|Gauss, C B L|
Submitted to: Veterinary Parasitology
Publication Type: Peer Reviewed Journal
Publication Acceptance Date: 2/1/2006
Publication Date: 4/4/2006
Citation: Gauss, C., Dubey, J.P., Vidal, D., Cabezon, O., Ruiz-Fons, F., Vicente, J., Marco, I., Lavin, S., Gortazar, C., Almeria, S. 2006. Prevalence of toxoplasma gondii antibodies in red deer (cervus elaphus) and other wild ruminants from Spain. Veterinary Parasitology. 136:193-200. Interpretive Summary: Toxoplasma gondii is a single-celled parasite of all warm-blooded hosts worldwide. It causes mental retardation and loss of vision in children, and abortion in livestock. Cats are the main reservoir of T. gondii because they are the only hosts that can excrete the resistant stage (oocyst) of the parasite in the feces. Humans become infected by eating undercooked meat from infected animals and food and water contaminated with oocysts. Scientists at the Beltsville Agricultural Research Center and Univ. of Barcelona, Spain report first survey of T. gondii infection in deer in Spain. The results will be of interest to veterinarian, parasitologists and hunters.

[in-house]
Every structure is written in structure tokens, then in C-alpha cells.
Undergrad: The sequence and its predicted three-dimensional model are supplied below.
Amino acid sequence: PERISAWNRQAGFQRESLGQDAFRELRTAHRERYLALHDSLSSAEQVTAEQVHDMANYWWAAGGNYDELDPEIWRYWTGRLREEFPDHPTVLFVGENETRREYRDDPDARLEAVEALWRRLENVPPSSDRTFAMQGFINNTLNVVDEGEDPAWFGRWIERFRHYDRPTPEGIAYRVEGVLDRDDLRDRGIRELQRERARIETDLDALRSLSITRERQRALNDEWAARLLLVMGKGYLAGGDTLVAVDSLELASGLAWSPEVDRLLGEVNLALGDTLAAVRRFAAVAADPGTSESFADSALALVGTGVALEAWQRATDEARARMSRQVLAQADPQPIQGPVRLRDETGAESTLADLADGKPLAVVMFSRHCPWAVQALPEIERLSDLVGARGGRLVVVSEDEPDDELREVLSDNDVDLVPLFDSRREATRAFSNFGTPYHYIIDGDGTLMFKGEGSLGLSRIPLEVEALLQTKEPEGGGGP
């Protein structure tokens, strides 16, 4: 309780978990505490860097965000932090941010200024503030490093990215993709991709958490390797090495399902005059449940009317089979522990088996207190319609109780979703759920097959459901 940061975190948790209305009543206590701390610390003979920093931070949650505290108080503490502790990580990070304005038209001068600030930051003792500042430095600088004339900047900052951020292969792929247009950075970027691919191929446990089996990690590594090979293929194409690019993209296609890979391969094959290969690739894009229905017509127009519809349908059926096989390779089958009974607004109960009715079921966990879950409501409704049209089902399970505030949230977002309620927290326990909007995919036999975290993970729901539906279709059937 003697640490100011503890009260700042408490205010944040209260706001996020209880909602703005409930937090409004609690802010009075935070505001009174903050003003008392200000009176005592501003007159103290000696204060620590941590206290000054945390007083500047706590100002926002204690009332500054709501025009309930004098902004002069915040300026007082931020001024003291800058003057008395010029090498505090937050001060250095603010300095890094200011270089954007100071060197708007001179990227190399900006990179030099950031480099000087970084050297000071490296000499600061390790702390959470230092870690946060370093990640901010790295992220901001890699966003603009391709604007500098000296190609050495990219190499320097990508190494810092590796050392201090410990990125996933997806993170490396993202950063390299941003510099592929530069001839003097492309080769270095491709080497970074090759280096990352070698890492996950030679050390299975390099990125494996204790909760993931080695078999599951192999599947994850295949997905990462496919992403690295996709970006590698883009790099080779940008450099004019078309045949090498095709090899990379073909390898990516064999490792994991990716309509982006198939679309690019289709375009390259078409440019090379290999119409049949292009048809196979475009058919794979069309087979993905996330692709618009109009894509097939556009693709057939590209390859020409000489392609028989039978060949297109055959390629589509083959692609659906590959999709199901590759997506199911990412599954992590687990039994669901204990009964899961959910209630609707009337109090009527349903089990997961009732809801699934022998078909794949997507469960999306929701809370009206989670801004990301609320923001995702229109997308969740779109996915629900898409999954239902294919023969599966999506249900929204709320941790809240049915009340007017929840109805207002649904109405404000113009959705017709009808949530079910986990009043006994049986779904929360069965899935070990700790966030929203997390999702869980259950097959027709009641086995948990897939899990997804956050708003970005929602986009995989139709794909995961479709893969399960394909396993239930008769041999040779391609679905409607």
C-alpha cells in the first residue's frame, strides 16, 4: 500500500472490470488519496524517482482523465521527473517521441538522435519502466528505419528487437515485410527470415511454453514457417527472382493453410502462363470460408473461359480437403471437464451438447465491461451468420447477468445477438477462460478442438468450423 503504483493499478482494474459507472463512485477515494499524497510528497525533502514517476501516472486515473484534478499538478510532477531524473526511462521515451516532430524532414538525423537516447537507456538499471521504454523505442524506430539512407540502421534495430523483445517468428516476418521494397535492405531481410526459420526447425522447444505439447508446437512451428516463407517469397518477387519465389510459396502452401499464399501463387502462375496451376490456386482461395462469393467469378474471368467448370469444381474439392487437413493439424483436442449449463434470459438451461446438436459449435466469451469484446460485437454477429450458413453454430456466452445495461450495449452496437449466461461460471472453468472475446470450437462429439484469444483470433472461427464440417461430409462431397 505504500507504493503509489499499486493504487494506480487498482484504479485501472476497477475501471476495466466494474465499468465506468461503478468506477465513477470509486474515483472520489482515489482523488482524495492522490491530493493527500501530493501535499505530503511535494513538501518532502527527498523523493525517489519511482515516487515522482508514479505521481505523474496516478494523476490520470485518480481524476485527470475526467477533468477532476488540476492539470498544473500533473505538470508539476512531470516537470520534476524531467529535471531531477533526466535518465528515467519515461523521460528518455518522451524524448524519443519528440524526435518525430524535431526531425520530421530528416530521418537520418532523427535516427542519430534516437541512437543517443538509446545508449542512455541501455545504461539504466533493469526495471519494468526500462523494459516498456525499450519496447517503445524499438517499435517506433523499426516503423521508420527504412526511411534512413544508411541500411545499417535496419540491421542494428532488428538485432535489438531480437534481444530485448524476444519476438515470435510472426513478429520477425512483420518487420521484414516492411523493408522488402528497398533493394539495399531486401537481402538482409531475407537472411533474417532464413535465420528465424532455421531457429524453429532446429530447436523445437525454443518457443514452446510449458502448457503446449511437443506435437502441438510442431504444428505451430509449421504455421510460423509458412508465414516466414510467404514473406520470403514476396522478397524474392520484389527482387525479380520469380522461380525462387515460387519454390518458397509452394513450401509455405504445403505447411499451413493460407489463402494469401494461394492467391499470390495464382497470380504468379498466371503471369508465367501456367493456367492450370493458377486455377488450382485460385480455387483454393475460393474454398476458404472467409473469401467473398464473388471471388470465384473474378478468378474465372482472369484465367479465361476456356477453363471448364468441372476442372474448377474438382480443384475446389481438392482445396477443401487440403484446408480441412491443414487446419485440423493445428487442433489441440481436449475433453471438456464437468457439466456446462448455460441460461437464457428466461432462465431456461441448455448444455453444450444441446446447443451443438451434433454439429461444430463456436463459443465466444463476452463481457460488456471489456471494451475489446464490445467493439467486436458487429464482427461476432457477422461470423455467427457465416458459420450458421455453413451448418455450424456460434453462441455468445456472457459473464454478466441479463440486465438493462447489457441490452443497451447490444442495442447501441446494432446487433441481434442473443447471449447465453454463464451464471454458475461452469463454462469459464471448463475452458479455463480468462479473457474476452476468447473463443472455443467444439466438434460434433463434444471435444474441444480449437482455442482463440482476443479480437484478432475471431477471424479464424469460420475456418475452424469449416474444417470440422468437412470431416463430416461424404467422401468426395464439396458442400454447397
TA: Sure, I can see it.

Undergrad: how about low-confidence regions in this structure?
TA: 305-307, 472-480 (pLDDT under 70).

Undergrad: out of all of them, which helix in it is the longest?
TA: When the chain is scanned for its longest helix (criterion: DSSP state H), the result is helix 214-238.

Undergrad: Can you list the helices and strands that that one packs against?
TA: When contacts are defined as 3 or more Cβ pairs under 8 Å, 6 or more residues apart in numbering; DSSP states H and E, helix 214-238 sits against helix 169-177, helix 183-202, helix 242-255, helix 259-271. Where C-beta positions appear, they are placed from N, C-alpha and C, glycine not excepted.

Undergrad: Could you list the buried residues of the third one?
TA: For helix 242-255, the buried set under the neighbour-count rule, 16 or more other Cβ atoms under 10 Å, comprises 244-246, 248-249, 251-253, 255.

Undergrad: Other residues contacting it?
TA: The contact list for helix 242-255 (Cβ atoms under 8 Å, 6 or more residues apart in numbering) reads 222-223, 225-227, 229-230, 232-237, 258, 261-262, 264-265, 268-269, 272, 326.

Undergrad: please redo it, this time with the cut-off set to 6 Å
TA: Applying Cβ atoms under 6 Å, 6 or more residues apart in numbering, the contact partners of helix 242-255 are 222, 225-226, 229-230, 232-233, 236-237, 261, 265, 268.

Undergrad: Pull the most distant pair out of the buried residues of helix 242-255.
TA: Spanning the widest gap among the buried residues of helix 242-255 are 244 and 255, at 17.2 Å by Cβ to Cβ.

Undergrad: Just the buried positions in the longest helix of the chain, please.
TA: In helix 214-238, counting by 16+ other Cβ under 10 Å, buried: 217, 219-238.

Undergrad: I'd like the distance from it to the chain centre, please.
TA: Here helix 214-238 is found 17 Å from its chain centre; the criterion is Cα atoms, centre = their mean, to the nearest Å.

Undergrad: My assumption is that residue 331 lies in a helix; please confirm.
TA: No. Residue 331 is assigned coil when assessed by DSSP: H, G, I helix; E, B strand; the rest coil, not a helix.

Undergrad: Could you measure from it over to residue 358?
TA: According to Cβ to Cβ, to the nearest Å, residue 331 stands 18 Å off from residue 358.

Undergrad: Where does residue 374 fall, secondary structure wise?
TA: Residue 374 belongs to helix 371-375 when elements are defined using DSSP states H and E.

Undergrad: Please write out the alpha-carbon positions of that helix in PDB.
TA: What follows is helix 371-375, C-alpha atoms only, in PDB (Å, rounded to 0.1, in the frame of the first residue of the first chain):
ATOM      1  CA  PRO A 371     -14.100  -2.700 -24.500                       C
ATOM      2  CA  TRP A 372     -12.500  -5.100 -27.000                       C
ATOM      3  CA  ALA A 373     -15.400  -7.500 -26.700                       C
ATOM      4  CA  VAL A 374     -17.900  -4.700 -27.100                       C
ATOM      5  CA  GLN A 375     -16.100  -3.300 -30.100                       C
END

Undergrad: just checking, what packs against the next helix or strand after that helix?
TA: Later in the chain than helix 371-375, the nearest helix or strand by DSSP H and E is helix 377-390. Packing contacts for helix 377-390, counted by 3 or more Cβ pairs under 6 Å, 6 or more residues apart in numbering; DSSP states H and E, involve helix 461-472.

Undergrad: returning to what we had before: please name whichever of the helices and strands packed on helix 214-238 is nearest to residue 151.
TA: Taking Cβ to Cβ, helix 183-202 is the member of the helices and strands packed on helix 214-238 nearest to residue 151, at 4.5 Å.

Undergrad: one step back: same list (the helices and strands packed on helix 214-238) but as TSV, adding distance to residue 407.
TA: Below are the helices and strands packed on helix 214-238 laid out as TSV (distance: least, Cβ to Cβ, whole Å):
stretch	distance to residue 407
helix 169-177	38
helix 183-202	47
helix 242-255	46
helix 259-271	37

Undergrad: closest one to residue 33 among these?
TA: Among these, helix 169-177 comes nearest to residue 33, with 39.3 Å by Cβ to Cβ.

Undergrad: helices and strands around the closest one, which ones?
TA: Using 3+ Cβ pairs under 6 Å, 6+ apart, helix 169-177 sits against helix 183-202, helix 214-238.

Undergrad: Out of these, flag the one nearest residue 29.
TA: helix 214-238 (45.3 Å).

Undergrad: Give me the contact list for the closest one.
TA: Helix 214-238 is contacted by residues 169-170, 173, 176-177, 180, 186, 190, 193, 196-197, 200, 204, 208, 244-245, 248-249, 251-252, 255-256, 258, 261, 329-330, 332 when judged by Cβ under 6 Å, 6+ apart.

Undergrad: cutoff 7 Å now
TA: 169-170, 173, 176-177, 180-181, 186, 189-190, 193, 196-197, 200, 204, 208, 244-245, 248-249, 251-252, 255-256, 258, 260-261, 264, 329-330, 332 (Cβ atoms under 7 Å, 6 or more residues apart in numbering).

Technical Abstract: Serum samples from 441 red deer (Cervus elaphus) and 161 other wild ruminant species, collected between 1993 and 2005 from six regions of Spain were tested for antibodies against Toxoplasma gondii by the modified agglutination test (MAT). Antibodies to T. gondii (MAT 1:25 or higher) were detected in 15.6% of red deer. Statistically significant differences were observed among sampling sites with seroprevalence in red deer from Catalonia (42.2%) being significantly higher compared with other Spanish regions (8.7%) (P<0.05). Statistically significant differences were not observed between T. gondii seroprevalence and sex, age or management of hunting estates (open versus fenced). Seroprevalence of T.gondii infection in other ruminants species was 24% of 79 fallow deer (Dama dama), 21.8% of 33 in roe deer (Capreolus capreolus), 33.3% of three Spanish ibex (Capra pyrenaica), 20% of 10 chamois (Rupicapra pyrenaica), 10% of 10 barbary sheep (Ammotragus lervia), and 14.8% of 27 mouflon (Ovis ammon) in areas not including Catalonia, where no samples from these species were available. Serological results indicated a widespread exposure to T. gondii among wildlife in Spain and suggest that consumption of raw or inadequately cooked meat, as well as handling carcasses of wild game, should be taken into account as a source of infection for humans.